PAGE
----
Orginal Publication Date
MCV/Q, Medical College of Virginia Quarterly
Cardiac transplantation was carried out on four patients at the Medical College of Virginia between May and October of 1968, in an effort to salvage them from the terminal stages of otherwise uncorrectable heart disease. Despite a strikingly good early recovery from operation in each case, three of the patients died of acute homograft rejection in one to three weeks; our second case is living and well, ten months after operation, and is at this writing the world's third longest survivor. The world experience to June of 1969 includes about 130 cardiac transplants. Of the first 100 patients operated on over six months ago, 20 are surviving, and the majority of these have returned to a productive existence, demonstrating the feasibility of complete rehabilitation of at least some terminal patients after cardiac transplantation. The high mortality rate--significantly higher than was anticipated--has resulted from acute and chronic homograft rejection and from the equally difficult problem of infection. Certain lessons have been learned from our own experience and from the world experience with this procedure, and these will be reviewed in an attempt to establish the current status and future potential of cardiac transplantation.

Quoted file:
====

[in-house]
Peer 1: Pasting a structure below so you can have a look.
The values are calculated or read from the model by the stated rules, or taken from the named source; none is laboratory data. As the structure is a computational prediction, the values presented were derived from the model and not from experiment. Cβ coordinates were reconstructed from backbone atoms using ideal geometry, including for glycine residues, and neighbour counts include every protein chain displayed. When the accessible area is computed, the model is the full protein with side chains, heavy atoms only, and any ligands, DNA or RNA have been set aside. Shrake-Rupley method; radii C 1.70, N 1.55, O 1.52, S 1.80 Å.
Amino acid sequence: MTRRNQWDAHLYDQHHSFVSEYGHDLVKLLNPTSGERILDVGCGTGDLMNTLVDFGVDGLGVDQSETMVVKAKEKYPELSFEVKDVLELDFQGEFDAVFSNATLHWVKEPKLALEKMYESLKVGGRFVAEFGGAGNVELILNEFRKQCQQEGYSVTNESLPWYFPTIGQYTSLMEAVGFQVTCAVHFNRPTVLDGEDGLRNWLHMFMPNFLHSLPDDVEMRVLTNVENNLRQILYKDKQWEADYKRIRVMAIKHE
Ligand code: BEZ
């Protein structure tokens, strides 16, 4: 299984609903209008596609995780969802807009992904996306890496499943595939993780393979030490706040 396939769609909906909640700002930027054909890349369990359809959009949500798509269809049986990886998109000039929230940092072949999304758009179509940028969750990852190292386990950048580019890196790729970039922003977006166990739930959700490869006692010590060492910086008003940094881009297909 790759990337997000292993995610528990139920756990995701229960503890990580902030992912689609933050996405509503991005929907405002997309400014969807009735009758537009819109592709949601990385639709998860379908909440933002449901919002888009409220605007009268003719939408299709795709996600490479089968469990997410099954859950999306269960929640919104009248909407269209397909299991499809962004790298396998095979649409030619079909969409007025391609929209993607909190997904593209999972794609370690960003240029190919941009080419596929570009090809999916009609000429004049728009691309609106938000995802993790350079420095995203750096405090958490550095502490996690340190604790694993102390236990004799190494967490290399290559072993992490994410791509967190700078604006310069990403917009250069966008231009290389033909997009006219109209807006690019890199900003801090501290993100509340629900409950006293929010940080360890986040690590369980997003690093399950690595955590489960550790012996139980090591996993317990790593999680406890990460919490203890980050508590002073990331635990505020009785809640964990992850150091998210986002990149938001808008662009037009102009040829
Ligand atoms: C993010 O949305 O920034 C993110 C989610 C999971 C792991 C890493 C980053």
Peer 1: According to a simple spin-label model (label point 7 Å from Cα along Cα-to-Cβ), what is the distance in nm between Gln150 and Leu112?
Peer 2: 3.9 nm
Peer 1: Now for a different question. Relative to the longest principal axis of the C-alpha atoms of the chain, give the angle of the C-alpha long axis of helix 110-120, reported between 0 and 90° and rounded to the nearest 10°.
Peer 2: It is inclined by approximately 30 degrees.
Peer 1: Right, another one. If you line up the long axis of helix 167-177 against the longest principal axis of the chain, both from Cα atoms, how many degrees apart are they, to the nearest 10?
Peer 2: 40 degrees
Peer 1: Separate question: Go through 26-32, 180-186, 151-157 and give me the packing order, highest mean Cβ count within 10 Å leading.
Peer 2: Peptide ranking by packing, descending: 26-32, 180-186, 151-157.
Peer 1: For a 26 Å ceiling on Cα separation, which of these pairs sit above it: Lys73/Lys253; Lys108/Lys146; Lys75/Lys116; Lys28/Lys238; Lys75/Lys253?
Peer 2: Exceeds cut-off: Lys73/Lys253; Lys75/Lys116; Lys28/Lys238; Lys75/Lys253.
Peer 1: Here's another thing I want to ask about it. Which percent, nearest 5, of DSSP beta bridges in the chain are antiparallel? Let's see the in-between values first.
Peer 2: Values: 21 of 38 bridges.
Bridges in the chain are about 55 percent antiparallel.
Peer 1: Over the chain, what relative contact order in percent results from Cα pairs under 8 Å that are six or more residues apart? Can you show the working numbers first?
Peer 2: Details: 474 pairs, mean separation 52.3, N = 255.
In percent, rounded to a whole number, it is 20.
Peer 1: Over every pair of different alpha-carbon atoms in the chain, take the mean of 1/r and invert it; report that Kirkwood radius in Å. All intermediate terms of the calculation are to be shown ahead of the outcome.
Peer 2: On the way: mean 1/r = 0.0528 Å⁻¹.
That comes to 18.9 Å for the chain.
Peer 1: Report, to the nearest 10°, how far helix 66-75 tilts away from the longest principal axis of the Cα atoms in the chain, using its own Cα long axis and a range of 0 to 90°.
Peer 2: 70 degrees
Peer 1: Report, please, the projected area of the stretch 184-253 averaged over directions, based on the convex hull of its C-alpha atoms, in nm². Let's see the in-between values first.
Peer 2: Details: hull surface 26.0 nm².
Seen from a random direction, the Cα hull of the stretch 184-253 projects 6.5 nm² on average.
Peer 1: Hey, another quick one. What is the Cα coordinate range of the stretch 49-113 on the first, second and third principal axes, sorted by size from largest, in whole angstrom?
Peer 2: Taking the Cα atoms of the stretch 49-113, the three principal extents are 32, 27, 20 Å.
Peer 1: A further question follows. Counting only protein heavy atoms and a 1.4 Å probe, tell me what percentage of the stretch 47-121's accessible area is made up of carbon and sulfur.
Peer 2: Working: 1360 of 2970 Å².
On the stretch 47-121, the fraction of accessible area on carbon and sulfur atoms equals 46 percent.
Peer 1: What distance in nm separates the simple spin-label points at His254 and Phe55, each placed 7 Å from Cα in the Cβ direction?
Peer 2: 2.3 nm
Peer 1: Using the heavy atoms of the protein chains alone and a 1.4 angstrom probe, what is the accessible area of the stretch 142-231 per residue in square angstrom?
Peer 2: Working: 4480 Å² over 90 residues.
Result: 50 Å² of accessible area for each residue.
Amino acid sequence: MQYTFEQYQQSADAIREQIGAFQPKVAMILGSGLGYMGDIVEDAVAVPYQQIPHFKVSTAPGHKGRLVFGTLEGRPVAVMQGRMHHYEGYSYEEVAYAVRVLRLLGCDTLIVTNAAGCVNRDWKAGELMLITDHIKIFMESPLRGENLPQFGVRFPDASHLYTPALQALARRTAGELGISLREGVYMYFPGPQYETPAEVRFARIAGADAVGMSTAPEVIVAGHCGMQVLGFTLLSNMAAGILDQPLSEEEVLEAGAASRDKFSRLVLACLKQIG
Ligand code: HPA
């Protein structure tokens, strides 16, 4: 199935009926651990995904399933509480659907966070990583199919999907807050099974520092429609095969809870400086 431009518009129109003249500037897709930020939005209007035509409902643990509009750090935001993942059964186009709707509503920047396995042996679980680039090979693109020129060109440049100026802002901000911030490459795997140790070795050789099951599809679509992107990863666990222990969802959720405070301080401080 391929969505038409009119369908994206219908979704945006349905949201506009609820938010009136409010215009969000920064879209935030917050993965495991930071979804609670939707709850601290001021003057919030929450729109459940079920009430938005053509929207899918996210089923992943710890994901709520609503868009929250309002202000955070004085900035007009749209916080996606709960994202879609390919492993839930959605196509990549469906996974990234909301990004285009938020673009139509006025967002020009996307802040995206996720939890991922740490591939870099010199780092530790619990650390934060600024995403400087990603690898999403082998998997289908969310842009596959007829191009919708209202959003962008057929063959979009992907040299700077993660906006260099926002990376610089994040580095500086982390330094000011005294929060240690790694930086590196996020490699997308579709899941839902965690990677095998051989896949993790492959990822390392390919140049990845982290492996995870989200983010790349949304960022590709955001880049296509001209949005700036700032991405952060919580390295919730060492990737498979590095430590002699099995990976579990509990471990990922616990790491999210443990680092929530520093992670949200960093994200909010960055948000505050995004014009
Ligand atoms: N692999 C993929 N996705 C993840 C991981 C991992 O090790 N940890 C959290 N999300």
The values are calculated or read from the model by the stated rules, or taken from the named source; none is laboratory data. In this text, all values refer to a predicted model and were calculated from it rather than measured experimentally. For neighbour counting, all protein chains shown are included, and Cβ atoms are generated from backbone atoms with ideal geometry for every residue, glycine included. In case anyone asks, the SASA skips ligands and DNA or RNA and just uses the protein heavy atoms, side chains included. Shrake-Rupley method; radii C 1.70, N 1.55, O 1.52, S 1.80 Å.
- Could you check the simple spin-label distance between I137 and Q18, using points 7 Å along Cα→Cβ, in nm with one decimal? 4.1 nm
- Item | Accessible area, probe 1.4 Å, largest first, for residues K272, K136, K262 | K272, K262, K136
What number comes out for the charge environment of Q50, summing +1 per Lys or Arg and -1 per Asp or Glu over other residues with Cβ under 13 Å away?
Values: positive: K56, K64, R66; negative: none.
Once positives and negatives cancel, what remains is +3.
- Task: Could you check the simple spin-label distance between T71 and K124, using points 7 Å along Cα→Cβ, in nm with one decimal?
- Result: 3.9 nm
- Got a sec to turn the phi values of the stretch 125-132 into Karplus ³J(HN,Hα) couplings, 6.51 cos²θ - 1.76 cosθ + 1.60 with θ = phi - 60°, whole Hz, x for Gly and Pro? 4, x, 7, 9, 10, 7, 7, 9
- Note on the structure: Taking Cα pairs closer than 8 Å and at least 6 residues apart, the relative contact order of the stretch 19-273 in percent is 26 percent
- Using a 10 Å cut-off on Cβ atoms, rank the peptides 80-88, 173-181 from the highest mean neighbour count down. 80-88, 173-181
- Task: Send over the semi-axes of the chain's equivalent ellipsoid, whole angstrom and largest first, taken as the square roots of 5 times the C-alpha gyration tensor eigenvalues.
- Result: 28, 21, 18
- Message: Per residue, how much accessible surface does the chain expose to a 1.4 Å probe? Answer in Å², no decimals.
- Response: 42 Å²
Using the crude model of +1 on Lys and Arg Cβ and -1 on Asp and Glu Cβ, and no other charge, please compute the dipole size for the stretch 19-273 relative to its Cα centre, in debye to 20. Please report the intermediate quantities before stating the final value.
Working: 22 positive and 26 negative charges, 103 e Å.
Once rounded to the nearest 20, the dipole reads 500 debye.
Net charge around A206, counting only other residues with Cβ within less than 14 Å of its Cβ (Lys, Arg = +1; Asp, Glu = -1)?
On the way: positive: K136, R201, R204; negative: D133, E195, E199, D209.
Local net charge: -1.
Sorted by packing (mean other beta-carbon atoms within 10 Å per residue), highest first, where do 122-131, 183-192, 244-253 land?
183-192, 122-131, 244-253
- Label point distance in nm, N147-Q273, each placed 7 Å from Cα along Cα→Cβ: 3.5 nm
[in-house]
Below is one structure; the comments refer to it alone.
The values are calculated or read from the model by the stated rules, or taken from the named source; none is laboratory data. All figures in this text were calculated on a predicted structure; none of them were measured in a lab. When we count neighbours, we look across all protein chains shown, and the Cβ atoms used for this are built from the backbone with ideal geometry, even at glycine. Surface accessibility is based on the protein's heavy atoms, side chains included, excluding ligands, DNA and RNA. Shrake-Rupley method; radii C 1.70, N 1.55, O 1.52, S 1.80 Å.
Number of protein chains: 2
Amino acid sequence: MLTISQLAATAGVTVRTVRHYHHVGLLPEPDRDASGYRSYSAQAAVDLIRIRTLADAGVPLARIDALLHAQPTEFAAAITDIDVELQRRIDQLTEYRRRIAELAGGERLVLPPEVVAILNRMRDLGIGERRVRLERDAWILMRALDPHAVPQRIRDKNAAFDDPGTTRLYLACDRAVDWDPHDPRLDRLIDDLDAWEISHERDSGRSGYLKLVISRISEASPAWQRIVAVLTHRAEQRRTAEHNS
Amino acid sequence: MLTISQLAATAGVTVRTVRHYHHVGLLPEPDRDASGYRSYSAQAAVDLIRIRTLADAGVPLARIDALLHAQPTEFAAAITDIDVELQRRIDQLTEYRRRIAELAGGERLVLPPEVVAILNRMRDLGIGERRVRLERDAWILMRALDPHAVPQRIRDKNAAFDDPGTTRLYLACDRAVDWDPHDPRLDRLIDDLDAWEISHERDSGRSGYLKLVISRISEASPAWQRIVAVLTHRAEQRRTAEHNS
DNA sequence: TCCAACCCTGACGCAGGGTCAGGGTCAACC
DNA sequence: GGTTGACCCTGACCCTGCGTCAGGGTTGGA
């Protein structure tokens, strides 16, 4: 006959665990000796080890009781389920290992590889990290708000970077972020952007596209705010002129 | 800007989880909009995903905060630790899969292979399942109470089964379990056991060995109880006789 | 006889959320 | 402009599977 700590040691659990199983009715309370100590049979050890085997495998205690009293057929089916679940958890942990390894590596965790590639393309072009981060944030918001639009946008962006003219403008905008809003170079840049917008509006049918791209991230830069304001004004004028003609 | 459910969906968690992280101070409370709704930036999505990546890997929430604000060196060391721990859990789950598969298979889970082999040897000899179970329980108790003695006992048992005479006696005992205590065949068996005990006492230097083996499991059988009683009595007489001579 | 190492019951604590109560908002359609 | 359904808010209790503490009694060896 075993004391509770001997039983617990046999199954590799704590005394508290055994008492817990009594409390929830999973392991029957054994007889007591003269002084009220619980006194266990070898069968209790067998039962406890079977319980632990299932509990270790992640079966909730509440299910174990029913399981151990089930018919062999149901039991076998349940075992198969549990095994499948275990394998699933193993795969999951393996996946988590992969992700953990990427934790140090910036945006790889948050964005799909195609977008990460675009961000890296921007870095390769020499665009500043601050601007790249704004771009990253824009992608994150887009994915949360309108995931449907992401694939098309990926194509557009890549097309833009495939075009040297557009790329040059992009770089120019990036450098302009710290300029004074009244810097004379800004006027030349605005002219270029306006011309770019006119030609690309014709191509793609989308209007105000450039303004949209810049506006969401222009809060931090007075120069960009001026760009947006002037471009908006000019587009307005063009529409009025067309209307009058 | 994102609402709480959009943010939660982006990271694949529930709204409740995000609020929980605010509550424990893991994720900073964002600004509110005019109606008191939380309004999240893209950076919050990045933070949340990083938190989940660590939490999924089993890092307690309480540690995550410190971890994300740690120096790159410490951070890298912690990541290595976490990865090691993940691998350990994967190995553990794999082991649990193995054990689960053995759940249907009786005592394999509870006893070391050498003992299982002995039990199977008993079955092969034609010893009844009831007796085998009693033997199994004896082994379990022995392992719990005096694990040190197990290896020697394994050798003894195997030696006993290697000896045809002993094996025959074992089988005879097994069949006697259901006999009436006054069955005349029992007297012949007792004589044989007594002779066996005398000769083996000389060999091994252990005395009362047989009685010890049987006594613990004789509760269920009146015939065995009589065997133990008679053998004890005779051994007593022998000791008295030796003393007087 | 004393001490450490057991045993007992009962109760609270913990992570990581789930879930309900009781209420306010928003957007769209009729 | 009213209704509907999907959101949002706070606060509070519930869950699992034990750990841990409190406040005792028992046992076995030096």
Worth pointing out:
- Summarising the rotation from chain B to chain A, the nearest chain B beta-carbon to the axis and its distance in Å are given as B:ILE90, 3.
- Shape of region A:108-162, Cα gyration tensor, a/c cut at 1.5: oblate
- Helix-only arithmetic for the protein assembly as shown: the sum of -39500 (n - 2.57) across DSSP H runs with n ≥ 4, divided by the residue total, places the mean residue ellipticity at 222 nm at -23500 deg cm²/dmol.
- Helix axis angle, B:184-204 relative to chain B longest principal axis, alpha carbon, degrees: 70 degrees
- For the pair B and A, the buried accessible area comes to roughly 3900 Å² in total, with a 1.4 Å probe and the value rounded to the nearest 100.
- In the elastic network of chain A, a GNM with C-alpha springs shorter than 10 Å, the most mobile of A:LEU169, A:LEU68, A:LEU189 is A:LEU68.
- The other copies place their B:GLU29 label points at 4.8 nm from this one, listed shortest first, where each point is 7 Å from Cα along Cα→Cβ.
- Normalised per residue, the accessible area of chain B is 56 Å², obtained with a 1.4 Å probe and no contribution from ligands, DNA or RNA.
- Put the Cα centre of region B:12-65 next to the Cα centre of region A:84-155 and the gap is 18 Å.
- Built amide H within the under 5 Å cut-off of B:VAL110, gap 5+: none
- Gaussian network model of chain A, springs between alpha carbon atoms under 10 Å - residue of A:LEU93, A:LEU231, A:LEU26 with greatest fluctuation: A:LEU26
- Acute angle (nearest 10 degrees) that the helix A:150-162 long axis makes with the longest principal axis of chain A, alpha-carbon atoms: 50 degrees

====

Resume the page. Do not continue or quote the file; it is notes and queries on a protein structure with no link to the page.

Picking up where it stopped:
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VCU University Archives